If you are a sportswriter and you are suffering a deep existential moral crisis over whether to vote for Mike Piazza because Murray Chass claims he had zits on his back, you need to take a deep breath, step back, and turn on the news - the real news - for about fifteen minutes. After you watch reports of the fighting in Syria, the drug war enveloping Mexico, the increasingly gloomy news about what exactly elevated CO2 levels are doing to our planet, and the fact that somebody thinks that Allen West is a worthwhile spokesman for any point of view other than "batshit insane", then ponder the agonies you have put yourself through over Piazza's back zits.
If, at that point, you still feel you must stretch yourself on Procrustes' column inches to declare the horrors of voting for the Hall of Fame, give it up. Voting for the Hall is a privilege and an honor, and most important of all, it's supposed to be a positive thing. It's a chance to honor players you thought were great and celebrate their achievements. Enjoy that. Have fun with it. Revel in your good memories of Jeff Bagwell or Eric Davis or whoever. But for pity's sake, don't turn every ballot into a road show production of Antigone.
Because that takes the fun out of the Hall of Fame, and it makes you look like a self-important ass. And neither of those is what the fans want to see.
What's largely missing from the ongoing Hall debates is joy - joy in the fact that the verb attached to baseball is "play", that what we're hopefully celebrating in Cooperstown is a body of work of play that we as fans, regardless of whether we view RBIs as esoteric numerical magic or think Nate Silver is OK as a starter statistician, cherish. Are there guys in the Hall whose body of work, I think, doesn't merit them being in there? Absolutely. Jim Rice? Loved getting the guy's baseball cards when I was a kid, but Dale Murphy was better and he ain't in there. But then again, undeserving guys have been getting in for ages - there's one too many Waners in there - and the world hasn't ended, and baseball hasn't exploded like the Death Star, and the game has gone on. Jim Rice getting elected to the Hall of Fame has absolutely zero effect on my enjoyment of watching David Price. All it means is that there's one more plaque I won't linger over too long if I ever make it to Cooperstown.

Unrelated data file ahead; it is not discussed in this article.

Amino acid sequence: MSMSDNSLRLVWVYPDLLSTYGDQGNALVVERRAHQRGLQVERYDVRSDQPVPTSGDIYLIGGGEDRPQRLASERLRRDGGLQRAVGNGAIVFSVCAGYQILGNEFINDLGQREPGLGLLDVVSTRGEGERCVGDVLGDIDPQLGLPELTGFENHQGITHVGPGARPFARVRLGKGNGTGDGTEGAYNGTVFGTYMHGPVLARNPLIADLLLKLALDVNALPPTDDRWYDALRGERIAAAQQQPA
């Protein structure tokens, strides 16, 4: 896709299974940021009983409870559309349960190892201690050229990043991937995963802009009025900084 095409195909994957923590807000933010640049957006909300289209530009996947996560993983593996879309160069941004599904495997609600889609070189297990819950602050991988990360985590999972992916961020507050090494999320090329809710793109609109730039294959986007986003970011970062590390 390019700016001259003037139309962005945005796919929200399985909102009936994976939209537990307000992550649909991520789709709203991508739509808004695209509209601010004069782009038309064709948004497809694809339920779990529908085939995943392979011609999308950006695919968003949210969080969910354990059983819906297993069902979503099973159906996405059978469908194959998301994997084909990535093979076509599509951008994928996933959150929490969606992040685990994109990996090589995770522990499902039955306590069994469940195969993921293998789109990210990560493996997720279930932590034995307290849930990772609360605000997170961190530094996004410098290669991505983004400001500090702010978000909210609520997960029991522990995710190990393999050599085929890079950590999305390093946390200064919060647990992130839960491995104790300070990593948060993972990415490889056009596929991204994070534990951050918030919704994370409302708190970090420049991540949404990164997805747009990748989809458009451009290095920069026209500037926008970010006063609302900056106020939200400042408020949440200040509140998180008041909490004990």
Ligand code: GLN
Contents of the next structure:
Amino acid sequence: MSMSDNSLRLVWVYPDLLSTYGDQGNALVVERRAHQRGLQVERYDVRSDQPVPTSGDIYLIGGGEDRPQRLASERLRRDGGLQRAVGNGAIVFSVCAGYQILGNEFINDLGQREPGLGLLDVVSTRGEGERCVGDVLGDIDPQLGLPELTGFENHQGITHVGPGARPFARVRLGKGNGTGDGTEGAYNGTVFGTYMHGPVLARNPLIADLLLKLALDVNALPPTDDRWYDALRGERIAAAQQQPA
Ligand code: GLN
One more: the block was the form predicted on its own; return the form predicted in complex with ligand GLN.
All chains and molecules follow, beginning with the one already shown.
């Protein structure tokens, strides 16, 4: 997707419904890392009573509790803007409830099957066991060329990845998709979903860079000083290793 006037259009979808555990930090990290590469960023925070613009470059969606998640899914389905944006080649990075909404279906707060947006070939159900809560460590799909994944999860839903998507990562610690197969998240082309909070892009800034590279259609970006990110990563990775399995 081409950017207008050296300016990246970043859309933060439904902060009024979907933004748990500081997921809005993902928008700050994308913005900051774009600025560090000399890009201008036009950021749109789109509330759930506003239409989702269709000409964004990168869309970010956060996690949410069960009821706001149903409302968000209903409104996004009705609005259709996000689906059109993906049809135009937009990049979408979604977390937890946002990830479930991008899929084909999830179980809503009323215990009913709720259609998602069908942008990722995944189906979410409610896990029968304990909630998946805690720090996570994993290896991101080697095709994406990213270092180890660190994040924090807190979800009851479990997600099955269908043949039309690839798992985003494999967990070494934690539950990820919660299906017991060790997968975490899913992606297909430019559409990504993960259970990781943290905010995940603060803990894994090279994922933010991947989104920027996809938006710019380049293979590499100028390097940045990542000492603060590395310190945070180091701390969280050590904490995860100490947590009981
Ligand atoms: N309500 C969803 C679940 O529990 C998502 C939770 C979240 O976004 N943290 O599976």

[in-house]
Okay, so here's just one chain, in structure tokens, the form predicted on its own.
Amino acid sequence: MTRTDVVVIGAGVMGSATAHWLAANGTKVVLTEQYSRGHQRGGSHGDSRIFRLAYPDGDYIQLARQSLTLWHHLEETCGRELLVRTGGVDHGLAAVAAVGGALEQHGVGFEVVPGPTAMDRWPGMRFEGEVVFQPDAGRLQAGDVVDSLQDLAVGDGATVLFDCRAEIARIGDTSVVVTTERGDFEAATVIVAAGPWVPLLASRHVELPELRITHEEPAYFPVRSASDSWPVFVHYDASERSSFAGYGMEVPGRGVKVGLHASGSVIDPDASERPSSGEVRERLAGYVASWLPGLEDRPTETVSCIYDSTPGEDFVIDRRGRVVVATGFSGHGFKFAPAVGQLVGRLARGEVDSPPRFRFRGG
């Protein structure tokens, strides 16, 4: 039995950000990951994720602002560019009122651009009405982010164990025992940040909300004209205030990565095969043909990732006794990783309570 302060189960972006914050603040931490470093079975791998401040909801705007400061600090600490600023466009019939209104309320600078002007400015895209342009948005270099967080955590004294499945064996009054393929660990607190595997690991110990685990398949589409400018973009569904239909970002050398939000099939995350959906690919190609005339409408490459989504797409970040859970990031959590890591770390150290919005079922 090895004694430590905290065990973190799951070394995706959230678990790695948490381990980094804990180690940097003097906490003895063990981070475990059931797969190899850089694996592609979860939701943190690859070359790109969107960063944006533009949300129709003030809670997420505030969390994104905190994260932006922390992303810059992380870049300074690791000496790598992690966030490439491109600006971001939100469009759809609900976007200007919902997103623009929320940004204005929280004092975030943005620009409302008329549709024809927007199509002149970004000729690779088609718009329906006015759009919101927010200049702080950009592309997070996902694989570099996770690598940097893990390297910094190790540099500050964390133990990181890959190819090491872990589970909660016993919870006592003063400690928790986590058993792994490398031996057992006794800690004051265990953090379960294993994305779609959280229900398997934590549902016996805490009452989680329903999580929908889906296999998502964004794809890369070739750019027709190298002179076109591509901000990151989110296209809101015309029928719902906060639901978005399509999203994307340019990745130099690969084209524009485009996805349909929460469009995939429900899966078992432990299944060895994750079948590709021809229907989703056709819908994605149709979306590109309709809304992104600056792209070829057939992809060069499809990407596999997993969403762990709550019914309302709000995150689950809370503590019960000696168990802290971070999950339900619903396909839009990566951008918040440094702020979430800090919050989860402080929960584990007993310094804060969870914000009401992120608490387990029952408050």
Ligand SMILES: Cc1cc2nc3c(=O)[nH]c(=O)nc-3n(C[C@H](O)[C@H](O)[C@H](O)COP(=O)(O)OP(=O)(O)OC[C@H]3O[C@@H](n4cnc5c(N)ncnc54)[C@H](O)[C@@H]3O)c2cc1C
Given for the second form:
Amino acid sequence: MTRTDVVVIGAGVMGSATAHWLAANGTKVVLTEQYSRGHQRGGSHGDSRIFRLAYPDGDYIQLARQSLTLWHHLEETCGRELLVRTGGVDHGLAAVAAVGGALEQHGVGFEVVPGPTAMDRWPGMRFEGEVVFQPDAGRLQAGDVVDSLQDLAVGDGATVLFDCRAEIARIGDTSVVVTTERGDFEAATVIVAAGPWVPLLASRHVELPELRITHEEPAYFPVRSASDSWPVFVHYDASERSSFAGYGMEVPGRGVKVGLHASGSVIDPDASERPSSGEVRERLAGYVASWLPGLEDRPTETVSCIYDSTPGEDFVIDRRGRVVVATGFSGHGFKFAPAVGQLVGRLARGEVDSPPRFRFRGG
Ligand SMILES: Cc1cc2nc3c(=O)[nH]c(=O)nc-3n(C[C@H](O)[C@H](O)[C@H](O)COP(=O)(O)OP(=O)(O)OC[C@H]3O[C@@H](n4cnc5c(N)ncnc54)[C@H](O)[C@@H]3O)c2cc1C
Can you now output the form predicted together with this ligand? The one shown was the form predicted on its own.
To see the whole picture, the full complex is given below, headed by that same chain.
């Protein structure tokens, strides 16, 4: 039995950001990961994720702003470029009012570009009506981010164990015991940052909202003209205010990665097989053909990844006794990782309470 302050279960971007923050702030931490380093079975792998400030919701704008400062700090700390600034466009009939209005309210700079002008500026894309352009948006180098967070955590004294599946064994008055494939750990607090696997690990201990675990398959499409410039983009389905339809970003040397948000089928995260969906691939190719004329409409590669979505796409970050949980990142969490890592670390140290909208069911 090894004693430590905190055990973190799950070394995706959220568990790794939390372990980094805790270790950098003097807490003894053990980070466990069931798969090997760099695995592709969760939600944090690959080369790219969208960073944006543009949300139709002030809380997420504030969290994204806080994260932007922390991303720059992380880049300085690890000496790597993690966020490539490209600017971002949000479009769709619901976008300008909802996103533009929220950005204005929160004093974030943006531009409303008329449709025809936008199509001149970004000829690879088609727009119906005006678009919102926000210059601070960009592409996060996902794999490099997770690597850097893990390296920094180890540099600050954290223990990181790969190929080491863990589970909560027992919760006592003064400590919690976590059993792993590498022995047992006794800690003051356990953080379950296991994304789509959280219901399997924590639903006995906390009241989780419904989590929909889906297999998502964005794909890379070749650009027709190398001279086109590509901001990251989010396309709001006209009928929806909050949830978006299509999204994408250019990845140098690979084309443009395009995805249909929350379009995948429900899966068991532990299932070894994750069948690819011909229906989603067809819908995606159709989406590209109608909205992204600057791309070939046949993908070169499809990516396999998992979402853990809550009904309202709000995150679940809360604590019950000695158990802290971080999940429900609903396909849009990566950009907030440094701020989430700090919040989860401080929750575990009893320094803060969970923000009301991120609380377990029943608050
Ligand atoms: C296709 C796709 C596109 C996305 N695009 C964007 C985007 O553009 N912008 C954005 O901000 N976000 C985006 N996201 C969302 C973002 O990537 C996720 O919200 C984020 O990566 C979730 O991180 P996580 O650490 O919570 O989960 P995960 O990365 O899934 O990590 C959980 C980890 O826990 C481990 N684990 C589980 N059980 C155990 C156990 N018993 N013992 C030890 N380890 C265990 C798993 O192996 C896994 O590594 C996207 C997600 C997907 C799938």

The debate over steroids - who used them, who didn't, who might have used them - is, I think, laughably misplaced. Yes, steroids and HGH and other stuff got used. And it got used by everyone. Stars, LOOGYs, guys fighting to hang onto the 25th spot on a roster and guys signing seven-year contracts. Yes, guys putting up fat numbers might have used, but so did the guys they were playing against, from the cleanup hitters to the mop-up men. Read the Mitchell Report names. Nobody ever "feared"Adam Riggs coming to the plate. If you're going to penalize these guys for being enhanced, then give them credit for pitching and hitting and fielding against guys who were similarly enhanced. Don't save the moralizing for the guys who were bad interviews, recognize the context and move on.
My entirely made up HOF ballot looks like this:
Ask me tomorrow and I'd maybe swap out Sosa for Walker. Or Palmiero. Or McGriff. Or, in a moment of weakness, Dale Murphy. But I'd rather celebrate just about anyone on the ballot and the pleasure I got watching them than mean-spiritedly abuse the percentages, turn in a blank ballot, and keep everyone out rather than risk someone I didn't like getting in.